And here we are. The big list. Theoretically the one we’ve been building toward. But really anticlimactic when you get down to it. You think the list of my ‘favorite’ films of an entire decade would be the thing you want. But really it’s just me going back over a lot of the stuff I covered on the other lists and a broad regurgitation of my top ten lists from the ten years. So, rather than treat this like some big holy set of rankings, I’m just gonna do what I did with all the other lists – try to get you to see some of these you haven’t seen before and maybe introduce you to some cool movies.
It’s important to note, as it’s important to note with all my lists – the rankings don’t really matter. The number is only a function of the day I put it together. The only way to truly get a real ranking of my favorite films of the decade is for me to take the pool of films I used and make up this list from scratch at least ten different times and then use some sort of formula to figure out the average position of each movie and then create a ranking. And that’s not the goal here. I don’t care about the numbers. I care about talking up the films I like and trying to get people to see some of them.
So, if you feel like you want to get upset about where something is ranked, know that it’s a broad ranking. For the most part, films are in the general range of the 25-50 where I’d generally rate them next to everything else. Things will change as I revisit stuff and as time goes on. Like I said, this is really just about telling you what I enjoyed most in the hopes that it gets you to check out some of the stuff you either didn’t know about before or never bothered to see (or maybe saw and didn’t fully appreciate at the time). That’s it. It’s really just about celebrating movies. Don’t get so hung up on the numbers.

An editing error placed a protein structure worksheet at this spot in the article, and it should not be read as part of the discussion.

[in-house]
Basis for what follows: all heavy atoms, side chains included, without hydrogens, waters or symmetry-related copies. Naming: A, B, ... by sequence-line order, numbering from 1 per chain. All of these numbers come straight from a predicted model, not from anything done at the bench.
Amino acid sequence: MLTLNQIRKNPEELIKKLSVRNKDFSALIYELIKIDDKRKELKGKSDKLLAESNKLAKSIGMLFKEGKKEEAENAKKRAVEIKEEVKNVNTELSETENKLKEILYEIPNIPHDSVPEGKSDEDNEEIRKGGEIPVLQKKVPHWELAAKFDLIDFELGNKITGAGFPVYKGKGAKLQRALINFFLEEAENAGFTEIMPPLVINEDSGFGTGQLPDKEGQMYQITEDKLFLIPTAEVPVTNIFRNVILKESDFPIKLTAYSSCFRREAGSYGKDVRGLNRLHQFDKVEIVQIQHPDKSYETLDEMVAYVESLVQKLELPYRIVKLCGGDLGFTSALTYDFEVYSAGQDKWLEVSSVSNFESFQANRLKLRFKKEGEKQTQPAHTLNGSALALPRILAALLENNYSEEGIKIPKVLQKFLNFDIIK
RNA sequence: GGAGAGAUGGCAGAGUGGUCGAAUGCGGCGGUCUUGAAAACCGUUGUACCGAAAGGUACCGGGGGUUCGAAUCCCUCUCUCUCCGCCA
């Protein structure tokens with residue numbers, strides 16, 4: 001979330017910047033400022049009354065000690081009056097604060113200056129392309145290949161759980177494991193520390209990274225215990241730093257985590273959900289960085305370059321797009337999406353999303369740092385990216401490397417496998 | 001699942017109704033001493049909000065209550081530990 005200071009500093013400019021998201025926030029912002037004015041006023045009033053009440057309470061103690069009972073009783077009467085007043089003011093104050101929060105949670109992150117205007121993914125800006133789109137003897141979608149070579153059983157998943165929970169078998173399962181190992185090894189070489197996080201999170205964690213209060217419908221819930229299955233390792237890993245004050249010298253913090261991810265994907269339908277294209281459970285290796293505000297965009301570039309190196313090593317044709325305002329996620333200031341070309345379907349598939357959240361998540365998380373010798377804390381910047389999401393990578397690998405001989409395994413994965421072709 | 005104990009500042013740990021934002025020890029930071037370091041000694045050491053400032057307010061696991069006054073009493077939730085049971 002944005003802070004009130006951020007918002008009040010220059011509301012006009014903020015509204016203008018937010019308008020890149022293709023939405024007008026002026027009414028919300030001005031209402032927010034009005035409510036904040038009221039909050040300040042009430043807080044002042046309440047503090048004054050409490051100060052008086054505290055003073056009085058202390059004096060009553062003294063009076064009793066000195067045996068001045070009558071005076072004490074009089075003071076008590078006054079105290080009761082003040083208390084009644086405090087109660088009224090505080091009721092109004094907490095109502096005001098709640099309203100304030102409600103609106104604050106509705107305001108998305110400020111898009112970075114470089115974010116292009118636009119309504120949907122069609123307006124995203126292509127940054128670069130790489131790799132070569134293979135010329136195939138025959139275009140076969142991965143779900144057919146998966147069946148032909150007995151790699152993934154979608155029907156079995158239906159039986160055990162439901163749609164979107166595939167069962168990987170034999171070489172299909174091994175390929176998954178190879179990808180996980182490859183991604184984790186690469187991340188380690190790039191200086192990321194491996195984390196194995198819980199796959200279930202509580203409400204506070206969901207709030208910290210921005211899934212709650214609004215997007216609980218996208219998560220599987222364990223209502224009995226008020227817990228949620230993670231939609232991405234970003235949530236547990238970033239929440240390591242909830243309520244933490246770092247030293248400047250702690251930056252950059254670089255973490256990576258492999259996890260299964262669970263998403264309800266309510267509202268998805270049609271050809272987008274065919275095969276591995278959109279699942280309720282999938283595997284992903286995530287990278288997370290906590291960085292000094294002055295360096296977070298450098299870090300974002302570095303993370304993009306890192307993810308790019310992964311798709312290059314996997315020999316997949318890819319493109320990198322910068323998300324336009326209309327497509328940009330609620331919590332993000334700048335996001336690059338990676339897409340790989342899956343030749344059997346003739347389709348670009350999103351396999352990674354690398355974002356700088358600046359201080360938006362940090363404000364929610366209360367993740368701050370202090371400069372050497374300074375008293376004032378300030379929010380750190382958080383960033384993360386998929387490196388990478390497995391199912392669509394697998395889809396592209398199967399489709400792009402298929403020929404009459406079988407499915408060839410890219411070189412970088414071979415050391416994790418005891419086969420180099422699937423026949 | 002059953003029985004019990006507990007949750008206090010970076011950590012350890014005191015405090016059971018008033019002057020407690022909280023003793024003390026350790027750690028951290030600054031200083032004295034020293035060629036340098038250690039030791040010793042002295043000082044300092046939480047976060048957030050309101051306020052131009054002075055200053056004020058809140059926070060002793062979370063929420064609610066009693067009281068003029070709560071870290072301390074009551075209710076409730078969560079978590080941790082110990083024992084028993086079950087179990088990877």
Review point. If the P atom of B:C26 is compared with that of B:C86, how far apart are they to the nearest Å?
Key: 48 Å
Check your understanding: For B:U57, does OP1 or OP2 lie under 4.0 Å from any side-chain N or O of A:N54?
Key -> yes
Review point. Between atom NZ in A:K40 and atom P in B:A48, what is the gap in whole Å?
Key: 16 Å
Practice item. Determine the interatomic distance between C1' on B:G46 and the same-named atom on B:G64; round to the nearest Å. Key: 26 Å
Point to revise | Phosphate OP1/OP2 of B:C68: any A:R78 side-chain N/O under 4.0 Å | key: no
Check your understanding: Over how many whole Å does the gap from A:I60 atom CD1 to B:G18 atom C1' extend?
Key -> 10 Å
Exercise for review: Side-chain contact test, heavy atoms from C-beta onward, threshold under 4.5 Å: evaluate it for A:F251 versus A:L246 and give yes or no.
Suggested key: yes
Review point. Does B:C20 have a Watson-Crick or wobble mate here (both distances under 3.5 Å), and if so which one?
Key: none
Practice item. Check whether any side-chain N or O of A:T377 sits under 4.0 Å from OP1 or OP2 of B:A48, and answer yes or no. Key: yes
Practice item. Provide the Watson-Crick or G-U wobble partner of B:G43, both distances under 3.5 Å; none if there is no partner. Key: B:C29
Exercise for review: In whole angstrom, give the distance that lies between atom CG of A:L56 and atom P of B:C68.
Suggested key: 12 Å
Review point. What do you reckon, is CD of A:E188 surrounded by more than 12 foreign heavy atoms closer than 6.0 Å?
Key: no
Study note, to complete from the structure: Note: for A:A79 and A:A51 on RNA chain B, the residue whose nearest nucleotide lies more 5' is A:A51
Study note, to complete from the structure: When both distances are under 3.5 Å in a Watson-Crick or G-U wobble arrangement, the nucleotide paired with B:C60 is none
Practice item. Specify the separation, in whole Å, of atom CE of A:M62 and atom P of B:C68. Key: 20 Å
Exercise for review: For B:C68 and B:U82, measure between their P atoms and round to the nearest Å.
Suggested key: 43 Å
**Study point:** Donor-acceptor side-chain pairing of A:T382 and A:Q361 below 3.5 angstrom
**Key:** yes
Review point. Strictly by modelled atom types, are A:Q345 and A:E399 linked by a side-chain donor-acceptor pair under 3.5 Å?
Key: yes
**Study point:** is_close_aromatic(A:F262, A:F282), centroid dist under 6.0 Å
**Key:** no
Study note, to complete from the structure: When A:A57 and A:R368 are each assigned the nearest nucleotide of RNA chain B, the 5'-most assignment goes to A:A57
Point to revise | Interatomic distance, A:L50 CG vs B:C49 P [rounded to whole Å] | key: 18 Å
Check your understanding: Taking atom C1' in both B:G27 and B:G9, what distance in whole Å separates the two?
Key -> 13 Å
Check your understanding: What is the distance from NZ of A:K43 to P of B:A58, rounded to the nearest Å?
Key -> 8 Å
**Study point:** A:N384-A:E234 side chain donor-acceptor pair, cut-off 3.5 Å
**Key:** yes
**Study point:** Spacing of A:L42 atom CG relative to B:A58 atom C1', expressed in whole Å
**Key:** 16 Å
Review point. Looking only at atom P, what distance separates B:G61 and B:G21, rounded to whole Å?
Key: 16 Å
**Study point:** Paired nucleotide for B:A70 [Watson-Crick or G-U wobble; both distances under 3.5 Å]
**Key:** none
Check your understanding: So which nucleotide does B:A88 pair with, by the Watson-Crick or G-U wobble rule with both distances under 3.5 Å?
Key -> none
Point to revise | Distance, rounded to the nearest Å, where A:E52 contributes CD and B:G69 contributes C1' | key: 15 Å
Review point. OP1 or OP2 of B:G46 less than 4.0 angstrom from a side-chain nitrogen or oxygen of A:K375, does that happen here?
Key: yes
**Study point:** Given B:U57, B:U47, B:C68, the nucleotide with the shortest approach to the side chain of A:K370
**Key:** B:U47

So, here are my 500 favorite films of 2010-2019: (more…)
56. “Never Let Me Go,” from Never Let Me Go
I love this song. I’ve been listening to it for a decade. It’s the title track from the film. It’s meant to be a song from the 50s that Carey Mulligan’s character buys on cassette and listens to over and over. And man, did they get that right. You could swear this is a song that was from the 50s. It’s a beautiful love ballad with just achingly poignant lyrics, especially given the unrequited love her character feels for Andrew Garfield. It’s a really terrific song, one that’s gone very much ignored in the decade since it came out. I think because the movie is so underrated and because people just kind of assume the song actually did exist in the 50s and they just repurposed it for the movie.